ATHENS, Ga — Former University of Georgia star Jalen Carter has pleaded no contest to the traffic charges he received in connection to a crash that killed a teammate and a recruiting staffer in January.
Recruiting analyst Chandler LeCroy, 24, and UGA offensive lineman Devin Willock, 20, died in Jan. 15 crash on Barnett Shoals Road. The crash happened just hours after the Bulldogs celebrated their second consecutive national championship with a parade in downtown Athens.
Two other football program members, three-year offensive tackle Warren McClendon, 21, and Victoria Bowles, 26, were injured. Police initially characterized the crash as one that only involved one car.
On March 1, police announced misdemeanor reckless driving and racing charges against Carter in connection to the crash.
Police say LeCroy, who was driving in a 2021 Ford Expedition, and Carter, who was driving in a 2021 Jeep Grand Cherokee Trackhawk, were racing.
On Thursday, Carter’s attorney confirmed the agreement to Channel 2 Action News. Carter agreed to 12 months of probation, a $1,000 fine and 80 hours of community service. Additionally, he must complete a defensive driving course approved by the state.
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“We are happy that we were able to work with the Solicitor General’s office to reach a resolution that was fair and just and based on the evidence in this case. Mr. Carter continues to grieve the loss of his friends and continues to pray for their families, as well as for continued healing for injured friends,” attorney Kim T. Stephens wrote in a statement.
A no contest plea, also known as “nolo contendere” in Georgia, means a defendant will not contest the charges and accepts a fine and probation, according to Athens-Clarke County government. Carter’s attorneys said the deal also means no other charges can be brought against him in this case.
Carter is expected to be one of the top picks in this year’s NFL Draft. Legal experts say that now that his legal troubles are behind him, he can move forward and fully focus on football.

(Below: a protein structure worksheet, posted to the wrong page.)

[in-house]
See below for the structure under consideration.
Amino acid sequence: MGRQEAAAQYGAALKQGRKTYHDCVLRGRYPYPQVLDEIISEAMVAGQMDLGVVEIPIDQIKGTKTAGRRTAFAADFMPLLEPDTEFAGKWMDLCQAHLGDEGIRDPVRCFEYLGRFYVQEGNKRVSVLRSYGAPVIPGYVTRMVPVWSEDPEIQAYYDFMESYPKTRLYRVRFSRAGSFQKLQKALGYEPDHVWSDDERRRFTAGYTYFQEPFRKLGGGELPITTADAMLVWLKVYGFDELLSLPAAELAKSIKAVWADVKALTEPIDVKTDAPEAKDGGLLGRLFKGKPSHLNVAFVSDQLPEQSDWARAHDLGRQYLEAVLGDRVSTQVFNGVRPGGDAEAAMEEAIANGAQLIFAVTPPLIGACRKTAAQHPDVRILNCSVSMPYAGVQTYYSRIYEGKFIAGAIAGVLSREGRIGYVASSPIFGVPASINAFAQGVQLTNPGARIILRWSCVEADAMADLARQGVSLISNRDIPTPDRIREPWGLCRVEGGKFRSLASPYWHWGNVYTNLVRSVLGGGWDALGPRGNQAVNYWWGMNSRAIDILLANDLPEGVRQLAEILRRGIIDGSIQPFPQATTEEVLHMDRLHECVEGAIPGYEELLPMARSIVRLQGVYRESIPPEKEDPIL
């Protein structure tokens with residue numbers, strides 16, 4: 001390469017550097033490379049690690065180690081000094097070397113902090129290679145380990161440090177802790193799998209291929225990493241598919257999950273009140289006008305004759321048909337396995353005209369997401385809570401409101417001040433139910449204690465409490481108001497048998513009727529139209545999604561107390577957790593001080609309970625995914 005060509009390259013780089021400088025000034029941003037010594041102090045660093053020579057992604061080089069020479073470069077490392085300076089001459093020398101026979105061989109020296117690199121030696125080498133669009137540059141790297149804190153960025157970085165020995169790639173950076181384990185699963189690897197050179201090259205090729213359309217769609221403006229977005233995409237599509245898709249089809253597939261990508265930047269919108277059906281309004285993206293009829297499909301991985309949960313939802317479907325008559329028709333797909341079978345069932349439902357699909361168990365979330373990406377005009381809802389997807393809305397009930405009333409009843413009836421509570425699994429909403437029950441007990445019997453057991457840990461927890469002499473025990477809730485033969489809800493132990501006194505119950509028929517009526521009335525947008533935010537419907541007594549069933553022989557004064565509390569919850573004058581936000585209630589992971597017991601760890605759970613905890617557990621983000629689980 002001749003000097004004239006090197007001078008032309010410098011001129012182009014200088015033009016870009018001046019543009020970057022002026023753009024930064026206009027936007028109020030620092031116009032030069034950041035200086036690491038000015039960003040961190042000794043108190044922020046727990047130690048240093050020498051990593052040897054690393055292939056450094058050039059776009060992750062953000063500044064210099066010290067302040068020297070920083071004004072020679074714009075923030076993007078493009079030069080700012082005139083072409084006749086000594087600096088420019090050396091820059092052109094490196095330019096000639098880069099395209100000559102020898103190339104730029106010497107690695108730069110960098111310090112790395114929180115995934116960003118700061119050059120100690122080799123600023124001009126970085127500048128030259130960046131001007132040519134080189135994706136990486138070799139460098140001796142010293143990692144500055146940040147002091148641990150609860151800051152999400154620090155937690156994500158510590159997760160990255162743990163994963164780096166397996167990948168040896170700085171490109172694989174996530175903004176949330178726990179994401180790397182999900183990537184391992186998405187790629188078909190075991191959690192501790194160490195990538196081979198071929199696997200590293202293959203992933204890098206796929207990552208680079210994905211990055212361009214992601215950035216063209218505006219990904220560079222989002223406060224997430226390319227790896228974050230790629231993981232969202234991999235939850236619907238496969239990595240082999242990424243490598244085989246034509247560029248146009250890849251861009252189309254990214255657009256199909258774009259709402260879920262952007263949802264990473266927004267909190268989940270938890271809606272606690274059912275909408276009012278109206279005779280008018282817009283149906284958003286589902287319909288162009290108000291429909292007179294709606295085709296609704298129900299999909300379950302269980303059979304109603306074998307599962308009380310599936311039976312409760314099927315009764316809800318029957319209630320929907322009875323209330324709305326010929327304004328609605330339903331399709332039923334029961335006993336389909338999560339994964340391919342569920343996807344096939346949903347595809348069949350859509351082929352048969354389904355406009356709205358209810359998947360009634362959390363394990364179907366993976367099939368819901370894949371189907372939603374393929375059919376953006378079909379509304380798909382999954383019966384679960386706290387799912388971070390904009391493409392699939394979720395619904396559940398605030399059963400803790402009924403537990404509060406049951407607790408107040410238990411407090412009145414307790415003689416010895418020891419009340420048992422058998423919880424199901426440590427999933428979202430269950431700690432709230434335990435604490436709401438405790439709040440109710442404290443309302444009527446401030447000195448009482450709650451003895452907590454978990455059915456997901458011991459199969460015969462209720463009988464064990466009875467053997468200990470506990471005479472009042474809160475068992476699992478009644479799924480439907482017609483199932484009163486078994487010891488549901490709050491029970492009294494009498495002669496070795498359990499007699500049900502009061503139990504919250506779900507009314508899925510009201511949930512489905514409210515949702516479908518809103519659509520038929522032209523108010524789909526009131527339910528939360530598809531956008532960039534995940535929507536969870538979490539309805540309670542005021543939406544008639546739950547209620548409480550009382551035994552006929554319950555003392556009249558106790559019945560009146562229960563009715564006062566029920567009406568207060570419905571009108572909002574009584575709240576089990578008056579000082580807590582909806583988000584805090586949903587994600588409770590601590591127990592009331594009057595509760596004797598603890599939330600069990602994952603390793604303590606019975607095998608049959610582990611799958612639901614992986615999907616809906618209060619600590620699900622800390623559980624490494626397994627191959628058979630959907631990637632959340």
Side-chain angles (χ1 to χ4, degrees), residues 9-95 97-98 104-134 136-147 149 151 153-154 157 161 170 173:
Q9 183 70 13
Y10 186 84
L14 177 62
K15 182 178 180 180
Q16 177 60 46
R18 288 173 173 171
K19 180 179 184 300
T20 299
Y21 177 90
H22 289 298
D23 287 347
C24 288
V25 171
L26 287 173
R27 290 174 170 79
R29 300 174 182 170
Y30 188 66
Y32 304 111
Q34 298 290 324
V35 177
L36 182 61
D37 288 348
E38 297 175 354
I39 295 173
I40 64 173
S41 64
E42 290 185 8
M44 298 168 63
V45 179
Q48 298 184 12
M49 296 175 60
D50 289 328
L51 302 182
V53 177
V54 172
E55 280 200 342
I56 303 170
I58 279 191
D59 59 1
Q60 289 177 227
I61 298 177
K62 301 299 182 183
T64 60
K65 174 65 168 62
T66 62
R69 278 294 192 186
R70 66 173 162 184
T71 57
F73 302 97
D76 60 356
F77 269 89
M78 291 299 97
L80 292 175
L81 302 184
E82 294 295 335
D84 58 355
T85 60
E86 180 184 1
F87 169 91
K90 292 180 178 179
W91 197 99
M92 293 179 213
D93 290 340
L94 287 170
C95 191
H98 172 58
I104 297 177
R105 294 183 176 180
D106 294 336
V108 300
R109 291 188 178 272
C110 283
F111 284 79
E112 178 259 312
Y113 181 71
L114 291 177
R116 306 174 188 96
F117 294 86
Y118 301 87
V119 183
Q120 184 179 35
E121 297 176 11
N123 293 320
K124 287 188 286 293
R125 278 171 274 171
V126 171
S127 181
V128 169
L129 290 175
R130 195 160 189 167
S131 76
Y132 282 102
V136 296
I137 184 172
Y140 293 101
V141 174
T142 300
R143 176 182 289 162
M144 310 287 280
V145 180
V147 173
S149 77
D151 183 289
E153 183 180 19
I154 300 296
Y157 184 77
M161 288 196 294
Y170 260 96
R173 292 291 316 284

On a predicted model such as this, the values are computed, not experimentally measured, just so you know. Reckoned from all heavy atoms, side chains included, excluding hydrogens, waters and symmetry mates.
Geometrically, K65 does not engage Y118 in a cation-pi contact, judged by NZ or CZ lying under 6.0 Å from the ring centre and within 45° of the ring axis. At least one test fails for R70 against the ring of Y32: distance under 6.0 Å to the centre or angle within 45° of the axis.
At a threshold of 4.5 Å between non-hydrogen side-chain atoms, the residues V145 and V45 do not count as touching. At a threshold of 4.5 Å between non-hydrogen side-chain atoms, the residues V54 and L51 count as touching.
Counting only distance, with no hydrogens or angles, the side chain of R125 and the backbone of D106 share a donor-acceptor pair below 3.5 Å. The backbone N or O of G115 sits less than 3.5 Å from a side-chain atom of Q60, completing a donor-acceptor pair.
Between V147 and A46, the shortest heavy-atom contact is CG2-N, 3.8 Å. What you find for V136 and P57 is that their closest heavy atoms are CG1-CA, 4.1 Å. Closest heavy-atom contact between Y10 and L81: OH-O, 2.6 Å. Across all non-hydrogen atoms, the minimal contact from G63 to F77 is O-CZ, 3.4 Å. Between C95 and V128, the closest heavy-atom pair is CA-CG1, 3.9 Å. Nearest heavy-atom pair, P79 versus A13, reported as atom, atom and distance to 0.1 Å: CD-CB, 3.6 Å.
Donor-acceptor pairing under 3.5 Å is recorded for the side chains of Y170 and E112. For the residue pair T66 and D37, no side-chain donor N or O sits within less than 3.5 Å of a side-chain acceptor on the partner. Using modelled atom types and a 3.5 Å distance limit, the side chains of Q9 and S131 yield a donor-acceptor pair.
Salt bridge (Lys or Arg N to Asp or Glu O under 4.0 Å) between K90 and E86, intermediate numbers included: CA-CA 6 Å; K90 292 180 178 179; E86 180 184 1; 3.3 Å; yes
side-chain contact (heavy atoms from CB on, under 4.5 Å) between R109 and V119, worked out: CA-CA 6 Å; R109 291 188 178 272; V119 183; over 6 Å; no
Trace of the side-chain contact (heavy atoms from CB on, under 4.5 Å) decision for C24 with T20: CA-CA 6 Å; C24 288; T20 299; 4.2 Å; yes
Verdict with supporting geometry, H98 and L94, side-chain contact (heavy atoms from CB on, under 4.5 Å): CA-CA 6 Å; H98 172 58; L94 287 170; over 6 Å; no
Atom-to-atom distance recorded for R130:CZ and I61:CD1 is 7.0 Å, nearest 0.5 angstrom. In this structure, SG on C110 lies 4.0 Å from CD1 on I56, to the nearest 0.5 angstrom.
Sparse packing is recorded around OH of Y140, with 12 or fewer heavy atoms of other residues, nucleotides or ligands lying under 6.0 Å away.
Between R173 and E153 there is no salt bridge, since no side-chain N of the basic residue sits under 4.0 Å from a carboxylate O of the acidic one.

Channel 2′s Michael Sieden talked to an attorney Andrew Fleischman, who has no connection to the case, explained why Carter’s legal troubles are now behind him and he can move forward and fully focus on football.
“You’re foreclosing a guilty verdict, or a guilty plea that can be used against them in a civil proceeding,” Fleischman said. “And you’re letting him get past this so he can focus on his NFL career.”
Stephens said in a news conference that Carter’s actions on the night of the crash did not cause the accident.
“Second, Mr. Carter never left the scene of the accident without being told that he could leave. He stopped his car immediately after the accident occurred and ran toward the wrecked vehicle while his passenger called 911,” Stephens said. “Even after being informed that he could leave, Mr. Carter returned to the scene at the request of the Athens-Clarke County police department to answer additional questions and continued to cooperate throughout the investigation.”
Stephens went on to say that her client was not under the influence of drugs or alcohol.
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Police determined that LeCroy’s SUV reached speeds up to 104 mph before she lost control and crashed. A toxicology report for LeCroy determined that her blood alcohol concentration was .197 at the time of the crash. It is more than two times the legal limit.
In a statement regarding Carter’s no contest plea, his attorneys said he did not cause the crash and would have face more serious charges if he had. They also disputed police reports that Carter gave officers false statements regarding his whereabouts at the time of the crash.
“Mr. Carter never left the scene of the accident without being told that he could leave. He stopped his car immediately after the accident occurred and ran toward the wrecked vehicle while his passenger called 911. Even after being informed that he could leave, Mr. Carter returned to the scene at the request of the Athens-Clarke County Police Department to answer additional questions and continued to cooperate throughout the investigation,” Stephens wrote.
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